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Barricade at Kiesling House offers history lesson

August 17, 2012
The Journal

Staff photos by Josh Moniz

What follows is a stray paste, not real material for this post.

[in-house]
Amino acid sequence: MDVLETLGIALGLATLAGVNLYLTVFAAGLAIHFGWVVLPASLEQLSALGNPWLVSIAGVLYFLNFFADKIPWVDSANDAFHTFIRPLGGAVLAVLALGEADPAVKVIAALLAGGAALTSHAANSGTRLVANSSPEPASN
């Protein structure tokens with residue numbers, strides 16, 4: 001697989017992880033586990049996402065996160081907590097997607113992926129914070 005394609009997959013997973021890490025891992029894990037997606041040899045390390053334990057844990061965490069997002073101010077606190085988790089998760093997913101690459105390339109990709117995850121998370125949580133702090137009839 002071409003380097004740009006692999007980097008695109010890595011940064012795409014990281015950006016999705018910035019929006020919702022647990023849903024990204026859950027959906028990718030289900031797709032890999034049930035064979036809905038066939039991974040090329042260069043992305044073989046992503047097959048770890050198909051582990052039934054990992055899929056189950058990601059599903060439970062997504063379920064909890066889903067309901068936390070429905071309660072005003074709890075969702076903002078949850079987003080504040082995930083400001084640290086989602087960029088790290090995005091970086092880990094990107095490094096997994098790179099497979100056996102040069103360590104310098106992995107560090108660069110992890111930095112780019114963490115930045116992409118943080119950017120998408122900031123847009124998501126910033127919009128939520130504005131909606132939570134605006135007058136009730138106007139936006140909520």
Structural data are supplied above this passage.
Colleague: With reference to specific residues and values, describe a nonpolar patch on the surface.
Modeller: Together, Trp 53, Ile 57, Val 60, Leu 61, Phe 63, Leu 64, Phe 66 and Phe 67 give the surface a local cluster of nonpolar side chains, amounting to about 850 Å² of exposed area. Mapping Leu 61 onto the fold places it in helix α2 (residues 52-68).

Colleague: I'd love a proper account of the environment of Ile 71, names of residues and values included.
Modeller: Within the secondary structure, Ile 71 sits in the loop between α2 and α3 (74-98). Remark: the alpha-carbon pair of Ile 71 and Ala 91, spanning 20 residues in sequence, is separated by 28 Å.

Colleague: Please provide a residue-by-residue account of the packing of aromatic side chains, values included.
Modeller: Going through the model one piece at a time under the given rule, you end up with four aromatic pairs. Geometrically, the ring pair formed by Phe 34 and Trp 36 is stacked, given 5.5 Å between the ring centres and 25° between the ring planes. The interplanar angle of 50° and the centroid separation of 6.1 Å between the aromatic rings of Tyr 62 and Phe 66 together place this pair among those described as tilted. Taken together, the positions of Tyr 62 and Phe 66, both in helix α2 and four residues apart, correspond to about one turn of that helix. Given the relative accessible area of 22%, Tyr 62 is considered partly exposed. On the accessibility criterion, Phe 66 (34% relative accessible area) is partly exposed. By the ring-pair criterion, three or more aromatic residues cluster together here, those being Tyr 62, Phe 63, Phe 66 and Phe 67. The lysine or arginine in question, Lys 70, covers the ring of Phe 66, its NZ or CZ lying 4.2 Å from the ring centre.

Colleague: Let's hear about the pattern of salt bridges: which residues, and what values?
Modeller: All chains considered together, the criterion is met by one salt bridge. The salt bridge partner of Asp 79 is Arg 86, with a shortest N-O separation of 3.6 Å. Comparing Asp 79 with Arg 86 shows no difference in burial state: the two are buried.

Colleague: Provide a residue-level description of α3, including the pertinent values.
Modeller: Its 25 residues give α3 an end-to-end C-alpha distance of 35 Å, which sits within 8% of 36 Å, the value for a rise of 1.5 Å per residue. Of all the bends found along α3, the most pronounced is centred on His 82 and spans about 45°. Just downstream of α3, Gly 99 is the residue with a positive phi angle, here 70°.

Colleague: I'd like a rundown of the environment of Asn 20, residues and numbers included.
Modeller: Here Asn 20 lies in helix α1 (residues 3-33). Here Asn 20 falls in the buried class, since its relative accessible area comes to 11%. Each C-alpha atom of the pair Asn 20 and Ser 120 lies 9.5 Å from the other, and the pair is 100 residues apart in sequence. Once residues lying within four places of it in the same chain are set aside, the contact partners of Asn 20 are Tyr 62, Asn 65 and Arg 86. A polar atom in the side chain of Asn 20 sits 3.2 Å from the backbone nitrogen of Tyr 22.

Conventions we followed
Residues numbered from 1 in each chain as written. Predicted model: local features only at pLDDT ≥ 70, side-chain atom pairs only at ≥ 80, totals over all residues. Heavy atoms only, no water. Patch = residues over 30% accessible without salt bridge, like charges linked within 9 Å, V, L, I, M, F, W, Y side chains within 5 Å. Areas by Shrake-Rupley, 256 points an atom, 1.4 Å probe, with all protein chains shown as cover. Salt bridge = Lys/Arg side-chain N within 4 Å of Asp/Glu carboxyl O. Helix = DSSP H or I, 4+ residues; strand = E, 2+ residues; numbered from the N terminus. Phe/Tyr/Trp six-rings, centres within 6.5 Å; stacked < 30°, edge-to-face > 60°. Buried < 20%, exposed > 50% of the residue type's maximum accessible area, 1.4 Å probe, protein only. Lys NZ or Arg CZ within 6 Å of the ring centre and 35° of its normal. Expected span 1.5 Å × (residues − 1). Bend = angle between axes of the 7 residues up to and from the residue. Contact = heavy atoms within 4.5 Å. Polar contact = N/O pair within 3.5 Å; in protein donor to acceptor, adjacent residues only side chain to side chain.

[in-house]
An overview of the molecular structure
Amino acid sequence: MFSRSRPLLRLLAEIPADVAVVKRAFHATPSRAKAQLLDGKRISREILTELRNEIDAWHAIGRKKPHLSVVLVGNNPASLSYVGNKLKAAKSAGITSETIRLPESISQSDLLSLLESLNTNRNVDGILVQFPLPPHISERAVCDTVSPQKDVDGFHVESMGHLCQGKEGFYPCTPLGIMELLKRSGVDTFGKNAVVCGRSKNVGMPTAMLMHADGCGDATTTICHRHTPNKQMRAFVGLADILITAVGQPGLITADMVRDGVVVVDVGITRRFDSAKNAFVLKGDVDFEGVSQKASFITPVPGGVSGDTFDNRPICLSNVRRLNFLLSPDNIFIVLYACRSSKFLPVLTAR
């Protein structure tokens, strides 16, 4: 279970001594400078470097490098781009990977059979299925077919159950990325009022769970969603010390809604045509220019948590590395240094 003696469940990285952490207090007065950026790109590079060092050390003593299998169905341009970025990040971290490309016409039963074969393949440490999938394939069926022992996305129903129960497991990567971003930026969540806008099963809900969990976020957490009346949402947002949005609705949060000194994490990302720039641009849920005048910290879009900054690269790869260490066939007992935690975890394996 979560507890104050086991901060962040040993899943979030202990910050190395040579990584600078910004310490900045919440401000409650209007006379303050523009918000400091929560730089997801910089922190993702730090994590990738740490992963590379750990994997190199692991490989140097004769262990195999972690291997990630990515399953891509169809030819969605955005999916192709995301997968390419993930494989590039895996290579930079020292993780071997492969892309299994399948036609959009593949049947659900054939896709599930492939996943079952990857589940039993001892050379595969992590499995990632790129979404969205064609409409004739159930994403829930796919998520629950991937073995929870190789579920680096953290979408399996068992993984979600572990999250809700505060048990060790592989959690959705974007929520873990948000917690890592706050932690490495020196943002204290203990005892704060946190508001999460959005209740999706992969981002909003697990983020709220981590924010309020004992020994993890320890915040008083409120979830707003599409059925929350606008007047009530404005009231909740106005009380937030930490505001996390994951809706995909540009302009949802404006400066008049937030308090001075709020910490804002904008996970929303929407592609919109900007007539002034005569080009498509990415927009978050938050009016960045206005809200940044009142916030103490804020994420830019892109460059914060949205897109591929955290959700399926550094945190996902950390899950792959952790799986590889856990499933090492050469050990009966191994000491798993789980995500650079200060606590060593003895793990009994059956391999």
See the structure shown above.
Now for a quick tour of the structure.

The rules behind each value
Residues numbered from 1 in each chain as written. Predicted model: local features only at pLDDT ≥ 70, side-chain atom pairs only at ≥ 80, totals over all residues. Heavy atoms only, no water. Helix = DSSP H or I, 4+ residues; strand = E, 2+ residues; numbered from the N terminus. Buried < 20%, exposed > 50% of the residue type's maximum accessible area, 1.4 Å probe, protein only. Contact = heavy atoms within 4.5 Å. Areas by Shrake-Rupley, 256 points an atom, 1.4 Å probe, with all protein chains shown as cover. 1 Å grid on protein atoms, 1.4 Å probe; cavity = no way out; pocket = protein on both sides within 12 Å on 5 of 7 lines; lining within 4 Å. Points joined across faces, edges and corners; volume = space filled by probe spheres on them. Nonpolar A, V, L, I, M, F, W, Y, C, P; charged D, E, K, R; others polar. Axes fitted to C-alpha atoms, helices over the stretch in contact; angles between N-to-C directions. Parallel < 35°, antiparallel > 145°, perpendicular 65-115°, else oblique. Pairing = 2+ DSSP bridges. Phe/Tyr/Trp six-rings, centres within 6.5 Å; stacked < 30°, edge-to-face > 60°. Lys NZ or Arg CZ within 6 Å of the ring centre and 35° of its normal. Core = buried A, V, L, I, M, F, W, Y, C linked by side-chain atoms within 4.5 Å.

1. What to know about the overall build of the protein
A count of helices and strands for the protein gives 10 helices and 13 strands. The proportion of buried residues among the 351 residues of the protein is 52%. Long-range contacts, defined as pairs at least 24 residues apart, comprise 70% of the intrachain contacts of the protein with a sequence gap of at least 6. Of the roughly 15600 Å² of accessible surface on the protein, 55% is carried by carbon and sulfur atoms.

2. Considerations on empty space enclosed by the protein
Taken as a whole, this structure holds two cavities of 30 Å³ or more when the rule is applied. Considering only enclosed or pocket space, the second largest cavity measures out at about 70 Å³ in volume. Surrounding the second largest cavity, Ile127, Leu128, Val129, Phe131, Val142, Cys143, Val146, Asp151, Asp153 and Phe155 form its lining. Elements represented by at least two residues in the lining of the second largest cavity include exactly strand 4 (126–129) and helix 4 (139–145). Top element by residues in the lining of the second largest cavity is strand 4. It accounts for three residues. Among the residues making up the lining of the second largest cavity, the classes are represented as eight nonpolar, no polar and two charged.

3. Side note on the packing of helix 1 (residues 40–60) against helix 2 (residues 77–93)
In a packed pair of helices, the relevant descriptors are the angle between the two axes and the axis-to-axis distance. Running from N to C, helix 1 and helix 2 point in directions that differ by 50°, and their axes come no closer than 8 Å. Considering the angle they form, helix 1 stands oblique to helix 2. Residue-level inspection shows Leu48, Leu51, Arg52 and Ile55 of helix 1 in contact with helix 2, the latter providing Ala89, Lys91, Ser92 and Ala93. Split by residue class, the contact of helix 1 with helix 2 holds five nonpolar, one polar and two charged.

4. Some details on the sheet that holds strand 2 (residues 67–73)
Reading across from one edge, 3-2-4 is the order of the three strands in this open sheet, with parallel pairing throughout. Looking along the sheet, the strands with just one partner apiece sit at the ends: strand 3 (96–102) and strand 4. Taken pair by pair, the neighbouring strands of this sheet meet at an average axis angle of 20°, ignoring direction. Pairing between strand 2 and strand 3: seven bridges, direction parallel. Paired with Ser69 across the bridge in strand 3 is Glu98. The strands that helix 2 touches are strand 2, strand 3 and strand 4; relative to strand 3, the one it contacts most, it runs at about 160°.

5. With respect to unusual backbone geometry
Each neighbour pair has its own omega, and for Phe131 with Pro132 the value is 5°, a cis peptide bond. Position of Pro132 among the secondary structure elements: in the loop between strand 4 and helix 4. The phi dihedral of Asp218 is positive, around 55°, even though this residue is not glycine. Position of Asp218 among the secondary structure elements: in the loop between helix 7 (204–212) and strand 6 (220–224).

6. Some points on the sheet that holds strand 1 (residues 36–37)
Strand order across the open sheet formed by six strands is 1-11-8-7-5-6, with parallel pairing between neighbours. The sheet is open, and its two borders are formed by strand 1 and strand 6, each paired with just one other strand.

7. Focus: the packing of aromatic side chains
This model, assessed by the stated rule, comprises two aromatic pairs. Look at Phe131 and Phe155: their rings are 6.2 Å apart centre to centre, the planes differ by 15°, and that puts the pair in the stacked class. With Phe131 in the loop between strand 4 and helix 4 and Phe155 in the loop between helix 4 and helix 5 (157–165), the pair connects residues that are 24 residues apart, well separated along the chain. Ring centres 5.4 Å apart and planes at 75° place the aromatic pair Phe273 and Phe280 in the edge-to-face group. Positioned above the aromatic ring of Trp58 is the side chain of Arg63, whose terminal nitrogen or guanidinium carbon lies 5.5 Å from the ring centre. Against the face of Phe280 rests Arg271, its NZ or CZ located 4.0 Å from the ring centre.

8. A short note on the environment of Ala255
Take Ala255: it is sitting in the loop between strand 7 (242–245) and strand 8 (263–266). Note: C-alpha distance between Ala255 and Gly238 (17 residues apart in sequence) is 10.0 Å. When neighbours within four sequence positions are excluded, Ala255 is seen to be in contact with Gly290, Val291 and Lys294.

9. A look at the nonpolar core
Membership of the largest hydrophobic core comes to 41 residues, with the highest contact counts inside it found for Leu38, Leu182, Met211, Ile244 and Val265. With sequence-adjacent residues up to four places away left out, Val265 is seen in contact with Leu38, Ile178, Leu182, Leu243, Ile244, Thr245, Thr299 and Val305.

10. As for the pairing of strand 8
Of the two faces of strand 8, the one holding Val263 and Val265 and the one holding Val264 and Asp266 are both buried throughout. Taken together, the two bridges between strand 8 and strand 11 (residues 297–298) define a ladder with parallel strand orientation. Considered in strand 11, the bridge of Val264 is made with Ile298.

The townspeople and settlers of New Ulm erected makeshift barriers during the attacks on the city during the U.S. Dakota-War in August 1862. The temporary barricade, which was recently constructed in Kiesling Park as part of the observance of the 150th anniversary of the war and shown in this photo, is an example of the 1862 structure. An informational placard summarizes the battles between the Dakota and New Ulm residents that occurred on Aug. 19 and Aug. 23. During the conflict, a barricade was built approximately 50 feet behind the Kiesling House. The barricade of 1862 consisted of anything available, including wagons, barn doors, carts, stones and boxes. The background scene on the placard was the work of New Ulm artist Anton Gag, who painted the depiction of the battle on a flour barrel head in 1902.

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